Tonawanda News — The Federal Bureau of Investigation questioned a man who trespassed into a Town of Tonawanda school on Tuesday and made comments about the Sandy Hook massacre, a police report states.
Students at the school observed a man walking upstairs in a trench coat, and School Resource Officer Richard Engler then saw a black male on the school’s security cameras.
Engler confronted him at 2:26 p.m., the report indicates.
The man, identified as Derie O. Mohamed, told Engler that he was a visitor, but had not signed in. It was unclear how Mohamed entered the school.
“While he was speaking ... he stated that he was glad that security was tight at the school because of Sandy Hook,” the police report states.
Mohamed also asked if teachers should be armed due to the various security risks following the Dec. 2012 massacre at the Connecticut elementary school that left 26 dead.
Engler arrested Mohamed, and he was charged with third-degree criminal trespassing.
At some point, Mohamed unsolicitedly told officers “I am not a terrorist,” and told them that he visited Somalia a few years ago.
FBI investigators told police that he had just returned from Somalia in December and has also visited Djibouti.
The FBI agent was “very interested with Mohamed,” the police report states. FBI investigators interviewed Mohamed Tuesday evening, and he was then transported to the Erie County Holding Center.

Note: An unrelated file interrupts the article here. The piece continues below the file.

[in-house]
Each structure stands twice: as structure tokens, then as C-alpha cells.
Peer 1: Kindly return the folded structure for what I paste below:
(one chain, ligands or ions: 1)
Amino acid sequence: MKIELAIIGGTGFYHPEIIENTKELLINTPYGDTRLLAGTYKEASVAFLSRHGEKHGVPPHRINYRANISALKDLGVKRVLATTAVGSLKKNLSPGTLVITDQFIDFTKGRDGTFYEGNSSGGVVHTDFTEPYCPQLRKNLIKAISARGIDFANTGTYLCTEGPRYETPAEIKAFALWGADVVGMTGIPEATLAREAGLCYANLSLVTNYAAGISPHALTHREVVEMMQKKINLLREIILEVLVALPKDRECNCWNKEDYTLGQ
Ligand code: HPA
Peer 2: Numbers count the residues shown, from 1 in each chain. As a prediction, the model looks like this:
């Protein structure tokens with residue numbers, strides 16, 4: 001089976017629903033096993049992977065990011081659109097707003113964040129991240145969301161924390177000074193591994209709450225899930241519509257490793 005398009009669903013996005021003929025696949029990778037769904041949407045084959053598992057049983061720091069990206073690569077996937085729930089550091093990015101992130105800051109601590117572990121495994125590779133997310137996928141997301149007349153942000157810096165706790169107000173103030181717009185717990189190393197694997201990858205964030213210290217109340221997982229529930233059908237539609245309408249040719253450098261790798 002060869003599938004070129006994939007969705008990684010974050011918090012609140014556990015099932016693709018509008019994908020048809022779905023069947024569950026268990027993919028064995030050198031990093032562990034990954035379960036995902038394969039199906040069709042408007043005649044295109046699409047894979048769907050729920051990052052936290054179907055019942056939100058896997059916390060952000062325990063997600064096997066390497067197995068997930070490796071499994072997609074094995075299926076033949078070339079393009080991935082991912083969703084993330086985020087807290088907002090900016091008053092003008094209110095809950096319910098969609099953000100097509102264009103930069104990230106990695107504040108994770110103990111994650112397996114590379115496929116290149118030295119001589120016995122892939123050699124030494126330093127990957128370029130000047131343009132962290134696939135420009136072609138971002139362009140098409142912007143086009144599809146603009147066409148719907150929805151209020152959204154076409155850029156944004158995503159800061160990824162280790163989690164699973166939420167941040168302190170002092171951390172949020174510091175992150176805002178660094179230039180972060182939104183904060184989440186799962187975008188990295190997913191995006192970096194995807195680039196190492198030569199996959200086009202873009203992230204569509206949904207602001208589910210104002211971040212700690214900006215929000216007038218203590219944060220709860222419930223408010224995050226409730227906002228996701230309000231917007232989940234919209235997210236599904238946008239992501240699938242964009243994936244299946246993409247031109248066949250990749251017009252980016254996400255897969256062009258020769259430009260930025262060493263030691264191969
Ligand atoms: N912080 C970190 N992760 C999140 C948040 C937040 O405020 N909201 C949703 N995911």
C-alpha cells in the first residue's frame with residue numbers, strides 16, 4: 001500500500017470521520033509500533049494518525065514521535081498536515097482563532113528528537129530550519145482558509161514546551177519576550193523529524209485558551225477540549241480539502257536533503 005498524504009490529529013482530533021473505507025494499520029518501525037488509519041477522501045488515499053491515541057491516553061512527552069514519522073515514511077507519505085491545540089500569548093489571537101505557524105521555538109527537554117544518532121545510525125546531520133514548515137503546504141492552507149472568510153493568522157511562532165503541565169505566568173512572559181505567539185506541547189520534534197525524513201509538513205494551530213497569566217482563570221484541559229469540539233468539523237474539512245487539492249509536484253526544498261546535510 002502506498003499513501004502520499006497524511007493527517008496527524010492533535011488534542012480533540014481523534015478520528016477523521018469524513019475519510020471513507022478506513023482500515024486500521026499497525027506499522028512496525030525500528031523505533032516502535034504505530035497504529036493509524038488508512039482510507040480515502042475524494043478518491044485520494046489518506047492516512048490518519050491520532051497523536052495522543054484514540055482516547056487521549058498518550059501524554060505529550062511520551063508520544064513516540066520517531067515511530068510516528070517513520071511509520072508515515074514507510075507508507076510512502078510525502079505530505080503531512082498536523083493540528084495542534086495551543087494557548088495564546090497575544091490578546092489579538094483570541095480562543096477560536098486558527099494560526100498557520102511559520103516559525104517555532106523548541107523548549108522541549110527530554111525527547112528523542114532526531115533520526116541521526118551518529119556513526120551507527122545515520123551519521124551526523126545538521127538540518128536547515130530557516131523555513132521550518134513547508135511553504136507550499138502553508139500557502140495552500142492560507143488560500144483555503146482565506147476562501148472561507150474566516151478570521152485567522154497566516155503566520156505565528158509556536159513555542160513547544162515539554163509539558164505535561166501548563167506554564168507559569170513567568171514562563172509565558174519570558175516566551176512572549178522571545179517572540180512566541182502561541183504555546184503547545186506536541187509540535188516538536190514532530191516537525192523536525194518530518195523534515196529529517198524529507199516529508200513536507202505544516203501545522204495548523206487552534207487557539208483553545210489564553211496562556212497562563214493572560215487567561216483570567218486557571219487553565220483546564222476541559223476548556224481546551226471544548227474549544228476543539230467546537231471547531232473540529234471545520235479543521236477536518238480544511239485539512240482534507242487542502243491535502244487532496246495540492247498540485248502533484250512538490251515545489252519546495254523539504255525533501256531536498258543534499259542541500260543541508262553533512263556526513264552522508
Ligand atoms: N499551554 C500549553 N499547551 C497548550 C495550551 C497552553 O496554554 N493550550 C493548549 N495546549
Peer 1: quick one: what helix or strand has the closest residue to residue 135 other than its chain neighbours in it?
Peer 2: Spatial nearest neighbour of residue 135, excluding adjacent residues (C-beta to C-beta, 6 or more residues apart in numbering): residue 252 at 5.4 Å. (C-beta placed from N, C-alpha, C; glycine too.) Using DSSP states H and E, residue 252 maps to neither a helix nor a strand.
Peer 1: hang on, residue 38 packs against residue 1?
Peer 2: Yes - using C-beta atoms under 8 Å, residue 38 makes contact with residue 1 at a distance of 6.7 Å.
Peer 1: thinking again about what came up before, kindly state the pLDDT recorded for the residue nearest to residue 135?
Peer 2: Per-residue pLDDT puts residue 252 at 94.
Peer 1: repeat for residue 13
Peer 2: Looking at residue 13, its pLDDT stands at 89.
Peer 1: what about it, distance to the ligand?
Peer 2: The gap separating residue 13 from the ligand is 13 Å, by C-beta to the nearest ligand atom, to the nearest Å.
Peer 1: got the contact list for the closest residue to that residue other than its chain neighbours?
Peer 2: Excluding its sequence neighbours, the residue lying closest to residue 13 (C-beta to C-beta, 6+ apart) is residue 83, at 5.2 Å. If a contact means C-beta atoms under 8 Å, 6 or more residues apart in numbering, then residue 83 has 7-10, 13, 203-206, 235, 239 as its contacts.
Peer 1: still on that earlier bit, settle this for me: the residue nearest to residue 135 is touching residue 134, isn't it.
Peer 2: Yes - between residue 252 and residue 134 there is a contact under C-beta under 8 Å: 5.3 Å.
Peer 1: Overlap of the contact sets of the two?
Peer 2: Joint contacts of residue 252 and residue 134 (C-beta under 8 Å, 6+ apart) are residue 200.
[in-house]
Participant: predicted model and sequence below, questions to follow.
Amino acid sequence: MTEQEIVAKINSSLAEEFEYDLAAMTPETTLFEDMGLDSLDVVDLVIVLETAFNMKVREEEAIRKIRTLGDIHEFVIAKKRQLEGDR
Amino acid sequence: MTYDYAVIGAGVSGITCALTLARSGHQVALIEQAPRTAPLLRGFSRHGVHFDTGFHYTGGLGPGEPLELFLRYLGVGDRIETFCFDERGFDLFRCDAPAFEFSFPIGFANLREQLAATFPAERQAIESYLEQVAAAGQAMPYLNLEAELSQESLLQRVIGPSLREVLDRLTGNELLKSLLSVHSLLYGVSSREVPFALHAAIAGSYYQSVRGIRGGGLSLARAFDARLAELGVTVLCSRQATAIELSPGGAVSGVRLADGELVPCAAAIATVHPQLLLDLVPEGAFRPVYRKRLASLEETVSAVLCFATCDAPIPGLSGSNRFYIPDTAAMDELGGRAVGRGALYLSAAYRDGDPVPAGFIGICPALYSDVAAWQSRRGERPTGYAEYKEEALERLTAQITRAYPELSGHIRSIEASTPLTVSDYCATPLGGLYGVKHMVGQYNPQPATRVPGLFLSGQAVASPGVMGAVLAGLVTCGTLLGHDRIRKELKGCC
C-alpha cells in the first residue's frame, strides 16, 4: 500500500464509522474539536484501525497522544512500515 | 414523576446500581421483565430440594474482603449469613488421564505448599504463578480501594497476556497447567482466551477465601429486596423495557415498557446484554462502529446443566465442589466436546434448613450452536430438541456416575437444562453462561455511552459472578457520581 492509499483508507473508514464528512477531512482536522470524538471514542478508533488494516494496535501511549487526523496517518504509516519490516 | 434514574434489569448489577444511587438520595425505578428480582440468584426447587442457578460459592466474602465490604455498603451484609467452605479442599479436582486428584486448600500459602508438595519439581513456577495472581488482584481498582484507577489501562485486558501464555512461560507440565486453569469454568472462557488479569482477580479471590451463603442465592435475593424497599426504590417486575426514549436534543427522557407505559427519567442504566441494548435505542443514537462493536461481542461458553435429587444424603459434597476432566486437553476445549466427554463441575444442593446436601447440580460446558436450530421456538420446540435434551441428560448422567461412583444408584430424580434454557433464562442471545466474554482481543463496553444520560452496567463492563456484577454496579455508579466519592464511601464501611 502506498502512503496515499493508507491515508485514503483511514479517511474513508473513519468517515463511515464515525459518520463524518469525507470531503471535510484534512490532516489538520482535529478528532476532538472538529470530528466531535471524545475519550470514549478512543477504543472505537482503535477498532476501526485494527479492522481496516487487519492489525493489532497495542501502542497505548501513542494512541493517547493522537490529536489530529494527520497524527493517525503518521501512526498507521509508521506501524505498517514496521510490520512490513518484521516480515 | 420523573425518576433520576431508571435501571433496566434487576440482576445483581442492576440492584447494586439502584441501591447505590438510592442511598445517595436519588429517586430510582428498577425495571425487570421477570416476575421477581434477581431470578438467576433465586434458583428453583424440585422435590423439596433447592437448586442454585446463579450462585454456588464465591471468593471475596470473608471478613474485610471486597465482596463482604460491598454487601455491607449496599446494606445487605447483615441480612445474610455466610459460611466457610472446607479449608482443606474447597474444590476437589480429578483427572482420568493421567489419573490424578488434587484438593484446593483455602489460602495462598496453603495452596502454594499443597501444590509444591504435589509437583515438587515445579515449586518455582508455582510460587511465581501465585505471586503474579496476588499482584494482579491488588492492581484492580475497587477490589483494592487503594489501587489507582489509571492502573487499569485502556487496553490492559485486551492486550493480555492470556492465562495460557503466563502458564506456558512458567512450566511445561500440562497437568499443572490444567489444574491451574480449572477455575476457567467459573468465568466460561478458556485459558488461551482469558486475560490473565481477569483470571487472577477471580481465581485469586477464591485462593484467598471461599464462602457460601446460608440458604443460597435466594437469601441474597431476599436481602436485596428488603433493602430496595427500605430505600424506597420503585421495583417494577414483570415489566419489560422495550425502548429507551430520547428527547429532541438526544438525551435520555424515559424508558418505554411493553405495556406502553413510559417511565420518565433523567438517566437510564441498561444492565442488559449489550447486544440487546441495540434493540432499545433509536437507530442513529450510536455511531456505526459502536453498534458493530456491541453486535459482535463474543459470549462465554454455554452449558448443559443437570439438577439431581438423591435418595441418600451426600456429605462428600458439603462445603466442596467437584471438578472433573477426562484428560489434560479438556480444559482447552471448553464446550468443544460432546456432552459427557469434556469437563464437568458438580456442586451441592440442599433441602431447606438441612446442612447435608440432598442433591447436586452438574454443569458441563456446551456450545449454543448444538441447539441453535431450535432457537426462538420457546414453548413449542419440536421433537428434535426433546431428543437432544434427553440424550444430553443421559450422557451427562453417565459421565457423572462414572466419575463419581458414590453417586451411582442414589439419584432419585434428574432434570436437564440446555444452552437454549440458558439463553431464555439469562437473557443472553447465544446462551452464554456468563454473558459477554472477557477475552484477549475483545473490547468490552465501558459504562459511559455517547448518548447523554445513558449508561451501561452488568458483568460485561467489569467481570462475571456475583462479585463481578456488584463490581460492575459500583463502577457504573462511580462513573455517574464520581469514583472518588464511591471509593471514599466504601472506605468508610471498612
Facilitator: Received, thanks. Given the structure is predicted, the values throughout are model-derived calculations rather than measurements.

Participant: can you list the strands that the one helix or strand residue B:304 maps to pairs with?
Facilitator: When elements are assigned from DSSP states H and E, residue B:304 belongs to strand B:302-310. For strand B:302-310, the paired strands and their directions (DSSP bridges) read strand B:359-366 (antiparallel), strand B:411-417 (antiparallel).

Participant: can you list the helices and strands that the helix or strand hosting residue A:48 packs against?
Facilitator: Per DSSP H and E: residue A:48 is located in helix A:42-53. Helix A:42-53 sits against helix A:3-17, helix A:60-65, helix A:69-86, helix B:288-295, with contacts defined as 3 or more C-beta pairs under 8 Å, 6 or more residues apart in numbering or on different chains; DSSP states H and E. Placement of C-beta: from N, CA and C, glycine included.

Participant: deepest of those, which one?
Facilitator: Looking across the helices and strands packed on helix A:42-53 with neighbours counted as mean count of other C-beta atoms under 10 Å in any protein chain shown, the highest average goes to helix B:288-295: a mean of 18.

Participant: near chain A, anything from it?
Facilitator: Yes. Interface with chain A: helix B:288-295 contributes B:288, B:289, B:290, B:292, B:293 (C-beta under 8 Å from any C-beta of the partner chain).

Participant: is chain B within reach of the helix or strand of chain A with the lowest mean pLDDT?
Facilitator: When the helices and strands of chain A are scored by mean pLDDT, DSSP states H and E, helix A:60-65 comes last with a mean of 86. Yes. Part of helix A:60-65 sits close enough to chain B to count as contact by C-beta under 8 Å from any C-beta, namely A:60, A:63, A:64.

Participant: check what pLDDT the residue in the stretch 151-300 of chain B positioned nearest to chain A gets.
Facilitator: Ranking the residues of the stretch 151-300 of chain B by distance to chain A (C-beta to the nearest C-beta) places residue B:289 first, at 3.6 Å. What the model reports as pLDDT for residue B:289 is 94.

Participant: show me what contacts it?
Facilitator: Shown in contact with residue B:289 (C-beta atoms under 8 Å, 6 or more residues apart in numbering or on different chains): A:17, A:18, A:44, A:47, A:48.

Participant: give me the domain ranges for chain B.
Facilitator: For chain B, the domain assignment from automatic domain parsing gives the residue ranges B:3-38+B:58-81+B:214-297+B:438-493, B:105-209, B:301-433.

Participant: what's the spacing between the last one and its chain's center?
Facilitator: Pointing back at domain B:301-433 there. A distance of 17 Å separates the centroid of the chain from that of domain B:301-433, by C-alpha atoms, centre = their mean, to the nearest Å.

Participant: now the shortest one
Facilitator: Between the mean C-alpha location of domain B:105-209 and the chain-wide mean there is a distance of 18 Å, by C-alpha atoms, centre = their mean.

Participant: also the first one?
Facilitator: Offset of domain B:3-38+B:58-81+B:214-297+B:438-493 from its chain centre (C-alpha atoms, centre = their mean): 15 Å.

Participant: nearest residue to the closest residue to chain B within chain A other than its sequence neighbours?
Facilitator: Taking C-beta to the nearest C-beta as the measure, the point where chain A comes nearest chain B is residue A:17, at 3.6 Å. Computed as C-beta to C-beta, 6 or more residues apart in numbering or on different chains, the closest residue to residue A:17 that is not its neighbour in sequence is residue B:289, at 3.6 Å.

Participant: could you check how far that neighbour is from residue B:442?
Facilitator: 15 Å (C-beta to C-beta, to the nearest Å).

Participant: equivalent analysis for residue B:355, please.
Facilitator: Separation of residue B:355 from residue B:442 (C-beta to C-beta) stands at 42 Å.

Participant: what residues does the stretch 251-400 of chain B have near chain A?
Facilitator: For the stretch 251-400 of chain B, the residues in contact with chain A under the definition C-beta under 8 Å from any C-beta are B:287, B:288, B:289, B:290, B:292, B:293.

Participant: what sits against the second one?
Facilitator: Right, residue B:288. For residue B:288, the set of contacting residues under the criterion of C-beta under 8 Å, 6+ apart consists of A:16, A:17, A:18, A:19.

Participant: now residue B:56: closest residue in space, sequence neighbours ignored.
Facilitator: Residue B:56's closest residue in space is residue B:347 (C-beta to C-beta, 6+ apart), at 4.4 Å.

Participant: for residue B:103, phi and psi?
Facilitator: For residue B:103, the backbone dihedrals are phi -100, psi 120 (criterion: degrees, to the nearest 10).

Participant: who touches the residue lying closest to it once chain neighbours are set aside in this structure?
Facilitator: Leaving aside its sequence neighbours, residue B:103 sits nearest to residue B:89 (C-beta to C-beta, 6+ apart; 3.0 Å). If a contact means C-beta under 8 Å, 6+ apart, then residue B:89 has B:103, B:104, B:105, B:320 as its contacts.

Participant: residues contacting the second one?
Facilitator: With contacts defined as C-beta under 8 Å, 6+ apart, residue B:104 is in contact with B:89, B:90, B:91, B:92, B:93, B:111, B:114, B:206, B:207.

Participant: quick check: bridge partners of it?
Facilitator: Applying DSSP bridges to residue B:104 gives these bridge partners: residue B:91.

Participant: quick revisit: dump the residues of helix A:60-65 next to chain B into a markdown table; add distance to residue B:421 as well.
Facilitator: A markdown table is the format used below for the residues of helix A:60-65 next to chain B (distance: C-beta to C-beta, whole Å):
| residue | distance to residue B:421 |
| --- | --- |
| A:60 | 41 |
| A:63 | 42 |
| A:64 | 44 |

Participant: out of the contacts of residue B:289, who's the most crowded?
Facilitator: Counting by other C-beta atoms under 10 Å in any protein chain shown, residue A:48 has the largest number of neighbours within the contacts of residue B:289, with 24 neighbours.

Town of Tonawanda police did not respond to inquires about the incident and the report did not identify the school in question.
Mohamed has been arrested at least two other times. In 2010, City of Tonawanda police charged him with petit larceny for stealing alcohol from a Sunoco on Delaware Street. At the time, he lived on Hillcrest Street and was 32 years old.
Mohamed was living in the Town of Tonawanda in 2006 when he was charged with obstructing government administration, reckless driving, speeding, passing through a red light, improper right turn, failure to yield and failure to obey police.
He had allegedly evaded police and drove from the City of Tonawanda into Buffalo, running multiple red lights.